Making sense of pain

Author: Sarah Walsh

It is really scary when pain doesn’t make sense, when it is not follow the pattern we expect or have experienced in the past. Often patients report that it stabs when they are resting, or it is less when they are laughing some days but then worse other days. It makes it hard to have certainty as to how the day will go.  

When pain continues, in a sporadic and unpredictable way it poses threat to many domains of our functioning. This may include our capacity to work, to run around with our kids or to engage in hobbies we love.  

When things don’t make sense, we find that certain behaviours reduce the threatening sensation (in this case pain). The behaviours that reduce the threat are more strongly reinforced. Although we are aware of our change in behaviour to some degree, this is often not a conscious process, just like you don’t think about chewing on the other side of your mouth when you have a tooth ache.  

In the case of pain, the behaviour that reduces is generally movement, which results in moving less and doing less.   

Recent research has found that helping patients to “make sense” of their lower back pain was linked with improved perceived control over pain and/or their response to pain. Pain control appeared to increase though learning alternative movement strategies and adjusting attention from the threat of pain towards valued goals. The study focused on two pathways to reducing fear.  

  1. Reducing fear by decreasing the threat of pain
  2. Reducing fear by changing emotional responses to pain  

The first pathway involves creating an alternate explanation of the cause of lower back pain that is less threatening and helps to promote more flexible problem-solving cognitions and behaviour. This suggests that the goal when working with this population is to understand pre-existing beliefs, then assist them to make sense of their pain and start to feel safe to gradually do things that may initially cause them pain or some level of distress, rather than doing anything they can to avoid feeling pain. 

This process involves communicating diagnostic certainty that can explain unpredictable symptoms, that replaces erroneous beliefs about the relationship between pain and danger/damage, and prescribes strategies for controlling or resolve the symptoms.  

This is delicate work, being told that your beliefs are impacting your pain recovery can be incredibly confronting, threatening even. Why should we be trusted ? I often encourage my patients to be skeptical, but to try the techniques and prove me wrong! As practitioners working with pain patients, it is an important for us to strive to create an environment of trust and therapeutic safety. Therapeutic rapport is a key component of pain education, and demonstrating empathy is crucial! It has been said that when working with pain we have to build rapport to be able to burn it down.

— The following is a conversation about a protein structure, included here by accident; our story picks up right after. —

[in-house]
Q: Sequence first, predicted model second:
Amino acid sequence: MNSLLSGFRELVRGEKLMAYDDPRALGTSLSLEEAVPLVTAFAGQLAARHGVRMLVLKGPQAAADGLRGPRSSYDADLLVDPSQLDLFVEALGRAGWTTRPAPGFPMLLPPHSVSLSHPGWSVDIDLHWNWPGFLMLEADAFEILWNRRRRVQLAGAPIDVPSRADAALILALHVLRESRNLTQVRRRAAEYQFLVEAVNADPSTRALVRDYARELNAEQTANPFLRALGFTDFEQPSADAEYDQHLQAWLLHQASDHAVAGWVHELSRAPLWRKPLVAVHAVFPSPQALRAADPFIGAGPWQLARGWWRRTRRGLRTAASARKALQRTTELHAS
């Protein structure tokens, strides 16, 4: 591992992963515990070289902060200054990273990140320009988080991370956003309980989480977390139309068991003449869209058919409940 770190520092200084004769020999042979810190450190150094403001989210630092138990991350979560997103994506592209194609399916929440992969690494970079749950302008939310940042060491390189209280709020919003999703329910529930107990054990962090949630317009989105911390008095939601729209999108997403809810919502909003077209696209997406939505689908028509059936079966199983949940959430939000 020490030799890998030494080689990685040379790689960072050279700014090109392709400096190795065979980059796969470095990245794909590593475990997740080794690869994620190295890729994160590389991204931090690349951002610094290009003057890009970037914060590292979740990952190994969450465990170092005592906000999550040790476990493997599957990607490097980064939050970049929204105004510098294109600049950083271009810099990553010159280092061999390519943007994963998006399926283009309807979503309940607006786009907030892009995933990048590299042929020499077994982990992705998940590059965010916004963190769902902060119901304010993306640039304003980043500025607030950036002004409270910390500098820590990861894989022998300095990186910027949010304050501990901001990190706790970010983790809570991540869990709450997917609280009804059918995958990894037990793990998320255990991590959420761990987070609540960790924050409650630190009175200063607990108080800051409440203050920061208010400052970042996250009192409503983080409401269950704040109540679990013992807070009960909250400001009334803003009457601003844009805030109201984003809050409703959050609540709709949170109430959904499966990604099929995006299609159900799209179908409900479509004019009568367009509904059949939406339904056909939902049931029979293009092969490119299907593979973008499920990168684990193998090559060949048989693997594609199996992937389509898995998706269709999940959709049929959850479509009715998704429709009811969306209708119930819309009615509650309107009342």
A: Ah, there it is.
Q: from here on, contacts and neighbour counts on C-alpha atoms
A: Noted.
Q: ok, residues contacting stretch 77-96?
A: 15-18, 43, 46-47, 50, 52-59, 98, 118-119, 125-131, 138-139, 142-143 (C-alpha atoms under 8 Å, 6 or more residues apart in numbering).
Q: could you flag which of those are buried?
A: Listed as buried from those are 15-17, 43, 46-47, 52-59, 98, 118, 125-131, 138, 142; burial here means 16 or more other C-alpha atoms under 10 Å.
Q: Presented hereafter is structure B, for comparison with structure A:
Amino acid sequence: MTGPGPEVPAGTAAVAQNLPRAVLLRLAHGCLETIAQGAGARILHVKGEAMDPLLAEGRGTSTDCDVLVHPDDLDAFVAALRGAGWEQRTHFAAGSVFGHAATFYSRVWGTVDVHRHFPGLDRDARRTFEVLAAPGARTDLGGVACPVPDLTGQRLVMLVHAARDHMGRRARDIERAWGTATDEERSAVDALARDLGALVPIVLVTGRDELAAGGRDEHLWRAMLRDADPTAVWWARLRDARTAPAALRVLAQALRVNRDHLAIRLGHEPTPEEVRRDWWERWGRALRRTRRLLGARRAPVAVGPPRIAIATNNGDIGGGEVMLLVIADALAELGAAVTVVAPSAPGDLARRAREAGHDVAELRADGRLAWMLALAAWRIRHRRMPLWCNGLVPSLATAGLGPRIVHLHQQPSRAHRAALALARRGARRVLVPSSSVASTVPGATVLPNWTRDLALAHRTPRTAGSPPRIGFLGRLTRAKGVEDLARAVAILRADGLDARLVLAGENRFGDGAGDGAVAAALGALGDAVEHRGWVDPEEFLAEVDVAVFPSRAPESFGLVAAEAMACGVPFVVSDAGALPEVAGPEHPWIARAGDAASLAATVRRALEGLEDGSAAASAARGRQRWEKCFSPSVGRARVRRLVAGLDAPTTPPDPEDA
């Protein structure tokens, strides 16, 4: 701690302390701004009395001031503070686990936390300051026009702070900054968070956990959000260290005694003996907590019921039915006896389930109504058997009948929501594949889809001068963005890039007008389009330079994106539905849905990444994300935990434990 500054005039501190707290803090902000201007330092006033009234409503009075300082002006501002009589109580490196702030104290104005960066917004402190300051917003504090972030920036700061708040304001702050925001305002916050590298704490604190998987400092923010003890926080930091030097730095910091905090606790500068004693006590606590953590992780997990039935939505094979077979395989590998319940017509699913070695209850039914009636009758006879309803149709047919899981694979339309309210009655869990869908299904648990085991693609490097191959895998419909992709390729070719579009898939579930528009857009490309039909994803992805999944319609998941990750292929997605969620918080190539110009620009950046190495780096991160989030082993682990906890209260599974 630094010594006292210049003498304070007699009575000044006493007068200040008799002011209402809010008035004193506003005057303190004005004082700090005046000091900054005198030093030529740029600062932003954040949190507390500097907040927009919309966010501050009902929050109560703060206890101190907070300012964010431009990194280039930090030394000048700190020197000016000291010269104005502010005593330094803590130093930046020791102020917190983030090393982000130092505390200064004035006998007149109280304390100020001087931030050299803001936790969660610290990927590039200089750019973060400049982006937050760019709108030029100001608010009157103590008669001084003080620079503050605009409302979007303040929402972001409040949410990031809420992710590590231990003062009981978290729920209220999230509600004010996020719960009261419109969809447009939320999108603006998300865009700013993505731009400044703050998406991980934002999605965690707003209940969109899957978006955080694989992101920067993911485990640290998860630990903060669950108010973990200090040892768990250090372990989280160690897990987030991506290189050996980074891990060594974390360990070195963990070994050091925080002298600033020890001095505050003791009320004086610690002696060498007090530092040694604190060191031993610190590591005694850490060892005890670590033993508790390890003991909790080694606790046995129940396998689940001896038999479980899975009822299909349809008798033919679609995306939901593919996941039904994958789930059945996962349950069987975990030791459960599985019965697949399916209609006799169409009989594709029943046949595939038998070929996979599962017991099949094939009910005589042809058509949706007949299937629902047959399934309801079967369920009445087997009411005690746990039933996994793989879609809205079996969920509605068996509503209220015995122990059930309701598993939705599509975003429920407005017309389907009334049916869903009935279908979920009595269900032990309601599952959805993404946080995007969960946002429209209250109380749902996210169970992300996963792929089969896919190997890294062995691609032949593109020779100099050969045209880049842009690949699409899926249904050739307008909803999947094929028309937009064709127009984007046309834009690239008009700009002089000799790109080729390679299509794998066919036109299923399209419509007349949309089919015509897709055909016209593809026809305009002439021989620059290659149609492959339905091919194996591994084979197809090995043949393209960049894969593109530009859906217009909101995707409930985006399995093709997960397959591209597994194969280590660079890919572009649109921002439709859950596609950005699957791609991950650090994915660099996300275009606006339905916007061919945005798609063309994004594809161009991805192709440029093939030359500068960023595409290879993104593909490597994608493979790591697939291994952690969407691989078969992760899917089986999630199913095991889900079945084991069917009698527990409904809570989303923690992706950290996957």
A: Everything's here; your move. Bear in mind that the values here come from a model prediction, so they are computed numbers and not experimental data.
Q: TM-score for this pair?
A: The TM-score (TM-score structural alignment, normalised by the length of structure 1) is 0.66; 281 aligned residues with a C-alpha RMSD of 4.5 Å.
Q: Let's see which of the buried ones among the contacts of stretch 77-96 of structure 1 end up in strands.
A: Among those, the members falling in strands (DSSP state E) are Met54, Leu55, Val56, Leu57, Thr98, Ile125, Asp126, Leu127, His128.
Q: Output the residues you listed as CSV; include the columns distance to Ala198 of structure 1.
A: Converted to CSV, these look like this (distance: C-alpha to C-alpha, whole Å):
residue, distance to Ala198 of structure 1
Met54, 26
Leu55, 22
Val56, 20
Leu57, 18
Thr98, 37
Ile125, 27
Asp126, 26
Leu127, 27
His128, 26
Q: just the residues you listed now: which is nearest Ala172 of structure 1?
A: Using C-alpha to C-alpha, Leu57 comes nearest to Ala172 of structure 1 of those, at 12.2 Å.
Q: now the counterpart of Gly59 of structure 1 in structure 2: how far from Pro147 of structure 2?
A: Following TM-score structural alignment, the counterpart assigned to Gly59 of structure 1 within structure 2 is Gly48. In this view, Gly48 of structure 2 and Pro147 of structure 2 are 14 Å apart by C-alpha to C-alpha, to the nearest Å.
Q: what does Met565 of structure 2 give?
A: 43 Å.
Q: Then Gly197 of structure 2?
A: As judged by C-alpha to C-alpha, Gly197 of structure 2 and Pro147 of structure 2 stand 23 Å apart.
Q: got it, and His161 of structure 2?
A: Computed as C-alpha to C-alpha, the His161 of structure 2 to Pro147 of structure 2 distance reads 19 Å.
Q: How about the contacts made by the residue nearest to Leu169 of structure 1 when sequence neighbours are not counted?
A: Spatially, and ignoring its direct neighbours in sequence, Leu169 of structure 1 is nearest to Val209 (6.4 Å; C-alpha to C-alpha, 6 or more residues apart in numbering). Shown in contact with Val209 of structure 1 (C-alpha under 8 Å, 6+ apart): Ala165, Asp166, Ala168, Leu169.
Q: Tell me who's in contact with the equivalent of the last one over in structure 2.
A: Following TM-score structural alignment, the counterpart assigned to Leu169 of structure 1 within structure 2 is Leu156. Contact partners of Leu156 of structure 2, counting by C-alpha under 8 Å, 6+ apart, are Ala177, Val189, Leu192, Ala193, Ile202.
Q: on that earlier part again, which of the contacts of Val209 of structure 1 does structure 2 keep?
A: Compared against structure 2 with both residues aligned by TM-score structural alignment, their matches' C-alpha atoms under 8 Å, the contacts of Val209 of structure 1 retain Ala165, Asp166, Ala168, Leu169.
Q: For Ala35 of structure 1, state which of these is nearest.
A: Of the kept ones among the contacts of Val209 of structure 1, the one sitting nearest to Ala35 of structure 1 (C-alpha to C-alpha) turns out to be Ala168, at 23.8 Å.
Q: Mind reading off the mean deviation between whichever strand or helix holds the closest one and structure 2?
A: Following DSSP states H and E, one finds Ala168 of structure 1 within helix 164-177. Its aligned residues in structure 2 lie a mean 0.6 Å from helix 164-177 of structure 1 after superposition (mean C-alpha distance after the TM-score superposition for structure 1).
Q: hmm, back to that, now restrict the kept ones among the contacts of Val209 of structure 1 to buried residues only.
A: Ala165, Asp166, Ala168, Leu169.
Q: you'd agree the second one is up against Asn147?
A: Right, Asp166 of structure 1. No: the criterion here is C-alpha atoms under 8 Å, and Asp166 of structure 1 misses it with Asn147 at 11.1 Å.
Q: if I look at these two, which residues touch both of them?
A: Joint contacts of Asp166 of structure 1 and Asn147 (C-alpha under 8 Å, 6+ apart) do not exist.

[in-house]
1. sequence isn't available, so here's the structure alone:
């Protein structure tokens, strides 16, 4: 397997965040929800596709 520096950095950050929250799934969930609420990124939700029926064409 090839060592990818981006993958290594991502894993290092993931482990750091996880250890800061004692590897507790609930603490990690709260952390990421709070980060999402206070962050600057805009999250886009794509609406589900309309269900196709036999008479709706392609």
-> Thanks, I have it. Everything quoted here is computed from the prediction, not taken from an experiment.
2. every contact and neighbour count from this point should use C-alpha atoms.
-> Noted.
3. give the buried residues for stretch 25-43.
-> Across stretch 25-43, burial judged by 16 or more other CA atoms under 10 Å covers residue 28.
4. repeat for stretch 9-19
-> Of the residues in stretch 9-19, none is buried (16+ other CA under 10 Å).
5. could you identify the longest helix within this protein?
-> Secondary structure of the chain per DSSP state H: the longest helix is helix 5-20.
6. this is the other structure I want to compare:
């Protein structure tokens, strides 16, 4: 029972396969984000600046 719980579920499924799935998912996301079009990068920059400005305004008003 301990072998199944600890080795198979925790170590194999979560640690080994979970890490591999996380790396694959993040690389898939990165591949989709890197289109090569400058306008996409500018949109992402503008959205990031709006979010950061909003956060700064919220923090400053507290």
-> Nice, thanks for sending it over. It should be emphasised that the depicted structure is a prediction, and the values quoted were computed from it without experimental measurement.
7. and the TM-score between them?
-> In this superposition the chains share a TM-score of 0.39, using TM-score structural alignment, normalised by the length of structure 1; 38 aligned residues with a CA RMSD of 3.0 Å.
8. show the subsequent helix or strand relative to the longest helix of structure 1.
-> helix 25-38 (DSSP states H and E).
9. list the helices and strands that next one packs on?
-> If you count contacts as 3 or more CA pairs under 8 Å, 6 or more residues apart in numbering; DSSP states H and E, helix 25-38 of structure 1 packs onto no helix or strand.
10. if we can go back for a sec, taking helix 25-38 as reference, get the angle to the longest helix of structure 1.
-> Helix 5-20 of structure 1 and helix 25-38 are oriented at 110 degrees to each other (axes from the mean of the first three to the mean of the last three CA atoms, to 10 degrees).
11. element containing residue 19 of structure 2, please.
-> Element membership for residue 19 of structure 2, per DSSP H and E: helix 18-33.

The second pathway involved addressing emotional responses to pain, namely fear. It was found that when the consequence of activity was perceived as controllable enough to engage in it, then the behavioural strategy is considered effective. This involves providing individualised active strategies and psychological techniques that cultivate a sense of mastery in our patients. Helping patients to develop a new conceptualisation of their pain and providing them with graduated exposure techniques that gently desensitise the fear response gets them doing more, doing things differently and feeling more confident.  

In summary, the use of this cognitive model within treatment of persistent pain involves developing an understanding of patients current beliefs, clarifying how any misconceptions may have been formed, identify how these cognitions are impacting behaviour (e.g. guarding, protecting, avoiding), presenting new information and an alternative diagnosis that helps to explain their pain experience and fills in misconceptions may assist with reducing patient’s fear response.  

Helping to shed a new light on this confusing, ongoing and unpleasant physical sensation has been shown to decrease the threat and fear response and helps them start their active journey to recovery.   

For more information please read:  

Bunzli et al., 2017 Making Sense of Low Back Pain and Pain-Related Fear. Journal of Orthopaedic & Sports Physical Therapy.